Factor V LeidenEdit
Factor V Leiden is a variant of FV caused by a missense mutation of G --> A at nucleotide position 1691, which resides in exon 10 of the gene. This mutation causes an amino acid switch in the final protein from arginine to glutamine at position 605. This location is involved in the regulation of FVa, as it is a cleavage site for APC. APC has greatly reduced activity for cleaving the FVa-Leiden, which allows FVa to retain it's ability to act as a cofactor in the prothrombinase complex and continue producing more thrombin. This results in a phenotype with an increased risk of thrombosis (estimated to be a 7-fold increase in heterozygotes, 80-fold for homozygotes) due to sustained thrombin generation far past the physiological norm. FV-leiden is of great interest in clinical research, as it represents the most common pro-thrombotic risk factor. (Wintrobe Clinical Hematology, 12th Edition)
Interestingly, due to it's high prevalence in the human population (estimated at up to 15%), it has been suggested that the FV Leiden mutation may confer an evolutionary advantage to afflicted individuals. Some possible methods discussed are an increased survivability during sepsis, and improved hemoglobin status in women. (PMID: 18537629)
Diagnosis of FV Leiden is not performed regularly unless an individual has had several thrombotic episodes in their past. Should these events occur, doctors will administer what is called an APC resistance assay, which essentially measures the ability of clotting blood to resist inactivation via the APC pathway. Should results indicate that an individual is indeed resistant, genetic testing is done to identify if the mutation within the FV gene has occured.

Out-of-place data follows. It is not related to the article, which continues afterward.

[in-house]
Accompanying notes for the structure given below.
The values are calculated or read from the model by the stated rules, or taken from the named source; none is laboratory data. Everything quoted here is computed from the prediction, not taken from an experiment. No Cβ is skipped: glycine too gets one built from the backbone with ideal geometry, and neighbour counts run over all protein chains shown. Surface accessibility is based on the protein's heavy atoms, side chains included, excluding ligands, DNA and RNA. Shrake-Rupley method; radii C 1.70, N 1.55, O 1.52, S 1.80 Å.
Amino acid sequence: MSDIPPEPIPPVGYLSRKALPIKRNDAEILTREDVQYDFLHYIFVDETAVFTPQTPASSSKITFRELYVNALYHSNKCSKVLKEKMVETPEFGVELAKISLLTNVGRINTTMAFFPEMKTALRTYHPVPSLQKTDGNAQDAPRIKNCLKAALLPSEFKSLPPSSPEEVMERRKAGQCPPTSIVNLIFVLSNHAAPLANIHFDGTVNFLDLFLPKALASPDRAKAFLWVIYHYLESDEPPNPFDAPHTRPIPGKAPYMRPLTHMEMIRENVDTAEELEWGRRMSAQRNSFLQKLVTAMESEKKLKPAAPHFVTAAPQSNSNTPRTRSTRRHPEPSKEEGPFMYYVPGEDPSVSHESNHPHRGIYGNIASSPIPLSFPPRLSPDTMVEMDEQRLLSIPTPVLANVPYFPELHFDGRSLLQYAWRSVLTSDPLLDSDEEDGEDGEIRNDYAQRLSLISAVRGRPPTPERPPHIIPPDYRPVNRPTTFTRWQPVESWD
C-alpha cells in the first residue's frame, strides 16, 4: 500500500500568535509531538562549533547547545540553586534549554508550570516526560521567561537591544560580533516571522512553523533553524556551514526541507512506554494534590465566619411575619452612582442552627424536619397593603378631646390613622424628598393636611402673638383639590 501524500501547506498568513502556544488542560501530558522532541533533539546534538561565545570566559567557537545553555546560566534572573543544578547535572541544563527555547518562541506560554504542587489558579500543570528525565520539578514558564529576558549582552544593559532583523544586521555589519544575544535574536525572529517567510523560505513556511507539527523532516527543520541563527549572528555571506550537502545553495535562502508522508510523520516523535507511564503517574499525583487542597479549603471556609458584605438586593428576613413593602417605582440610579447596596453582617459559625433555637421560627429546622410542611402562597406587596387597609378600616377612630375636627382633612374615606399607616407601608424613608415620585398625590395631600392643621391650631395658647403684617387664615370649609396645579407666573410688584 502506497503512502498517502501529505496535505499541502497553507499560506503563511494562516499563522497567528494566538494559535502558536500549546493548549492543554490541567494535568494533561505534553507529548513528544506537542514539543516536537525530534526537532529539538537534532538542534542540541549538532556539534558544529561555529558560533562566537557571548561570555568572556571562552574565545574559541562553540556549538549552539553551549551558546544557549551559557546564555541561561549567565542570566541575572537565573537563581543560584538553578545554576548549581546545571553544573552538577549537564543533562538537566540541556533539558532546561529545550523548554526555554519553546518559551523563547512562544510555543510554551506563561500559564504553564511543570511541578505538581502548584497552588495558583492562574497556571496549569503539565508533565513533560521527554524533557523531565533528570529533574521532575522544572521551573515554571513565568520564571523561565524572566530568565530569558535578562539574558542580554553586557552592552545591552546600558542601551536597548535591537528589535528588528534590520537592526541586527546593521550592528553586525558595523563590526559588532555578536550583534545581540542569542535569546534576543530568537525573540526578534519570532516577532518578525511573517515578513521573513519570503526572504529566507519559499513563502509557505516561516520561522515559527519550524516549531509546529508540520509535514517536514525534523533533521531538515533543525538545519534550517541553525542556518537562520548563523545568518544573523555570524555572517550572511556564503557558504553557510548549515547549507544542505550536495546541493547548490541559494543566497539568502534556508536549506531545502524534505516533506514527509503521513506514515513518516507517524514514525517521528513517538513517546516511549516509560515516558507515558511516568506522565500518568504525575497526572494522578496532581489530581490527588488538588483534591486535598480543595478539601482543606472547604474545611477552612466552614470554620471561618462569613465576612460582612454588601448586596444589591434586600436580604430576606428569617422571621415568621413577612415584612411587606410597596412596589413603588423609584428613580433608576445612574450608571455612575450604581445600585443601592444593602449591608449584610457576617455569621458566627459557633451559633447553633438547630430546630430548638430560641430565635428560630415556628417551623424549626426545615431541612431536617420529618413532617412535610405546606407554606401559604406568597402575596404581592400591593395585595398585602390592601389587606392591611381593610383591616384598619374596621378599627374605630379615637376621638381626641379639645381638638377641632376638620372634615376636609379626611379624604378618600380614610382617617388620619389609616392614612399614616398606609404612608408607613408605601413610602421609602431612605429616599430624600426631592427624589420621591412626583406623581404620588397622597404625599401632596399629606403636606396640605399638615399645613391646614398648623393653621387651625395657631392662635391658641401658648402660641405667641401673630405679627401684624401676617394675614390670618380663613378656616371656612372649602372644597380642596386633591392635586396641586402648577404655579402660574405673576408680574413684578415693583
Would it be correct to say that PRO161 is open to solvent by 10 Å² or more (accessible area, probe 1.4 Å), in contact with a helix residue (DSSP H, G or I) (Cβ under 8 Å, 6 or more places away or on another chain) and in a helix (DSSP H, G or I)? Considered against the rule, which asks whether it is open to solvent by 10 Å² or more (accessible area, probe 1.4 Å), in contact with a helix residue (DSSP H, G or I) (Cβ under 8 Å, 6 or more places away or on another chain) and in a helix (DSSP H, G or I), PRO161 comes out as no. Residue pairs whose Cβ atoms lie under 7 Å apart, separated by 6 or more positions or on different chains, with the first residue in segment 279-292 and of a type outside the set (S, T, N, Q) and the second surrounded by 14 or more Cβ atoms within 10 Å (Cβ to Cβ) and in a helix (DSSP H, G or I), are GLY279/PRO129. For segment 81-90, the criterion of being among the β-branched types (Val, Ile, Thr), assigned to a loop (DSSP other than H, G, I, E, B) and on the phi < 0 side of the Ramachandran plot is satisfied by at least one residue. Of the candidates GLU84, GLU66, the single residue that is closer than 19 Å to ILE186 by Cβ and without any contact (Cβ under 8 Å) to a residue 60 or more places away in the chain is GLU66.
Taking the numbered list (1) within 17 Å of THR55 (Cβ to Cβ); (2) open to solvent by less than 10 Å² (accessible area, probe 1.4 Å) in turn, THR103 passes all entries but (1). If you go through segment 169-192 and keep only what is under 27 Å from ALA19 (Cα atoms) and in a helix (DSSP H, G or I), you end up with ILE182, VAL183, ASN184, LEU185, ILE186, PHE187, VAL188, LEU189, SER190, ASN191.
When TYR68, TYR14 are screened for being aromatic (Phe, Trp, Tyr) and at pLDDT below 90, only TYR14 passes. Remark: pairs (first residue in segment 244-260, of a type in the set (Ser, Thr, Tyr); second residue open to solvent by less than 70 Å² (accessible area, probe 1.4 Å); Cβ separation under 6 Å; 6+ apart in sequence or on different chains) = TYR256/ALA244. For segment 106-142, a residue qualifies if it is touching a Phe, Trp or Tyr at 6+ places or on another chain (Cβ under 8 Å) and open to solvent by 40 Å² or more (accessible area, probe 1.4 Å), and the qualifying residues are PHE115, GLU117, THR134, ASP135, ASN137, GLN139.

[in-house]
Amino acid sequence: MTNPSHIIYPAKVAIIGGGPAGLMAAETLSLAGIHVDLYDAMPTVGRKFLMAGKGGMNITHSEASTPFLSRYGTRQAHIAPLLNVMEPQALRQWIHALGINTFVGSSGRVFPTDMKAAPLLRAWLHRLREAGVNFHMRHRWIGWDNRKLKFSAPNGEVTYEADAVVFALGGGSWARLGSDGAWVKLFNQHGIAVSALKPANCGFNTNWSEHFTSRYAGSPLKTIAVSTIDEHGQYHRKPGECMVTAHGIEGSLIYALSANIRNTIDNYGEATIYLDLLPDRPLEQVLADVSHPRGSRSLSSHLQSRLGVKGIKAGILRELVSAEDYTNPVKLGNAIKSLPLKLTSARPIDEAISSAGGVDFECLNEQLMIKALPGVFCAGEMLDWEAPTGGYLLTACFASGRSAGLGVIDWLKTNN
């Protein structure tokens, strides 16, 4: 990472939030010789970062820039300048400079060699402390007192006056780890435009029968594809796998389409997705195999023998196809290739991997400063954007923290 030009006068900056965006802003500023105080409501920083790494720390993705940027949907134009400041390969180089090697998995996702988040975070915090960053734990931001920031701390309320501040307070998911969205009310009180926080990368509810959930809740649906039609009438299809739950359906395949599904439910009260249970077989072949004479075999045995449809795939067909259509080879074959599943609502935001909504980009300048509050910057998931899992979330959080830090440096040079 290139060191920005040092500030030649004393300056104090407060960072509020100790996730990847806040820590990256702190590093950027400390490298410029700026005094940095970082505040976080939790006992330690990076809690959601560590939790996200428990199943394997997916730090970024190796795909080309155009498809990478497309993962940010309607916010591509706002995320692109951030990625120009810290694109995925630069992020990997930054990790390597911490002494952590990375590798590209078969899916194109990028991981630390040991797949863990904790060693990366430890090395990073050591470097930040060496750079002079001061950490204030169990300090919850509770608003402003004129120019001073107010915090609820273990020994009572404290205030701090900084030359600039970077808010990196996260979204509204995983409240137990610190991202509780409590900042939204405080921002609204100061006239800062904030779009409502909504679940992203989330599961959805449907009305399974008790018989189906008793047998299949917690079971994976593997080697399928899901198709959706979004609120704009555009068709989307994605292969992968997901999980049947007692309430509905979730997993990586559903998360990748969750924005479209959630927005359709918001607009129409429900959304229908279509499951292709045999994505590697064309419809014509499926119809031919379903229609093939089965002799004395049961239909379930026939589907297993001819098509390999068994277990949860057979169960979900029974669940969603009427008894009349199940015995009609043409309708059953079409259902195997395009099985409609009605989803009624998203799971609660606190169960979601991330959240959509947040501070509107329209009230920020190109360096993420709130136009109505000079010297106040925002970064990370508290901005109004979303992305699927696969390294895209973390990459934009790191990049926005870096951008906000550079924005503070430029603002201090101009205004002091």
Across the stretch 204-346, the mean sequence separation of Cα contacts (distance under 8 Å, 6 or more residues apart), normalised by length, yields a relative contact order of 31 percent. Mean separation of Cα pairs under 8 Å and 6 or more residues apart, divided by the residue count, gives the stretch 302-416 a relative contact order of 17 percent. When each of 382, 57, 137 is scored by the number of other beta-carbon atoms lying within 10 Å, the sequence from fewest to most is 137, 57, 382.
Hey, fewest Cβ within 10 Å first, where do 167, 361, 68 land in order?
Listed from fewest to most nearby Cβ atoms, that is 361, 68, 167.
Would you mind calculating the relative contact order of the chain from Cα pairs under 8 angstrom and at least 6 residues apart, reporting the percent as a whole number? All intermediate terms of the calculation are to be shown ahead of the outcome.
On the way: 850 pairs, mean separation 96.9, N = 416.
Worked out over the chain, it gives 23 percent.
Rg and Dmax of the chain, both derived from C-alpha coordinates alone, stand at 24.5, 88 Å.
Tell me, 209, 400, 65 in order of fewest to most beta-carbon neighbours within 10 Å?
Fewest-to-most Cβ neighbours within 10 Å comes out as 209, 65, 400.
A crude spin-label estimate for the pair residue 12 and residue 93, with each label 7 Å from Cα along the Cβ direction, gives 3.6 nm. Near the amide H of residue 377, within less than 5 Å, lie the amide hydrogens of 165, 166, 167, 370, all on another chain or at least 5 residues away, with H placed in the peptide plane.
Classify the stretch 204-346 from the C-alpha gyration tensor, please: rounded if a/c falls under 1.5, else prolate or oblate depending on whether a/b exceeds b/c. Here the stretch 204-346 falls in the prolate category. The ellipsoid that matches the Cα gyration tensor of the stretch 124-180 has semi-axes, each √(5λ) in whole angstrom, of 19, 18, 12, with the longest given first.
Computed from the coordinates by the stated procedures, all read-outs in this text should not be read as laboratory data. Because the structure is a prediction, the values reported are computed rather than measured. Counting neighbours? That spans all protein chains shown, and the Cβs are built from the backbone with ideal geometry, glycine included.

Children and teens are not regularly tested, as clotting events in younger populations are very rare and highly unusual. The exception to this is if a family has a history of clotting disorders including FV Leiden. Mayo Foundation for Medical Education and Research (MFMER).
The symptoms of FV Leiden are treated by various blood-thinners such as warfarin (Coumadin) and/or heparin. Due to the bleeding risks caused by these medications however, they are usually only administered if an individual is determined to be high risk. A high-risk person would be someone who has had at least one thrombotic event, or is being hospitalized due to injury.
Many lifestyle changes are reccommended to patients with FV Leiden to reduce their risk of a blood clot. These can be everything from avoiding contact sports and dangerous work environments to using a softer toothbrush and quitting smoking.
Pregnant women with FV Leiden are at an inreased risk for developing a blood clot. This poses a challenge for clinicians, as the risks involved with blood thinning therapies greatly outweighs the potential benefits for pregnant women. Mayo Foundation for Medical Education and Research (MFMER).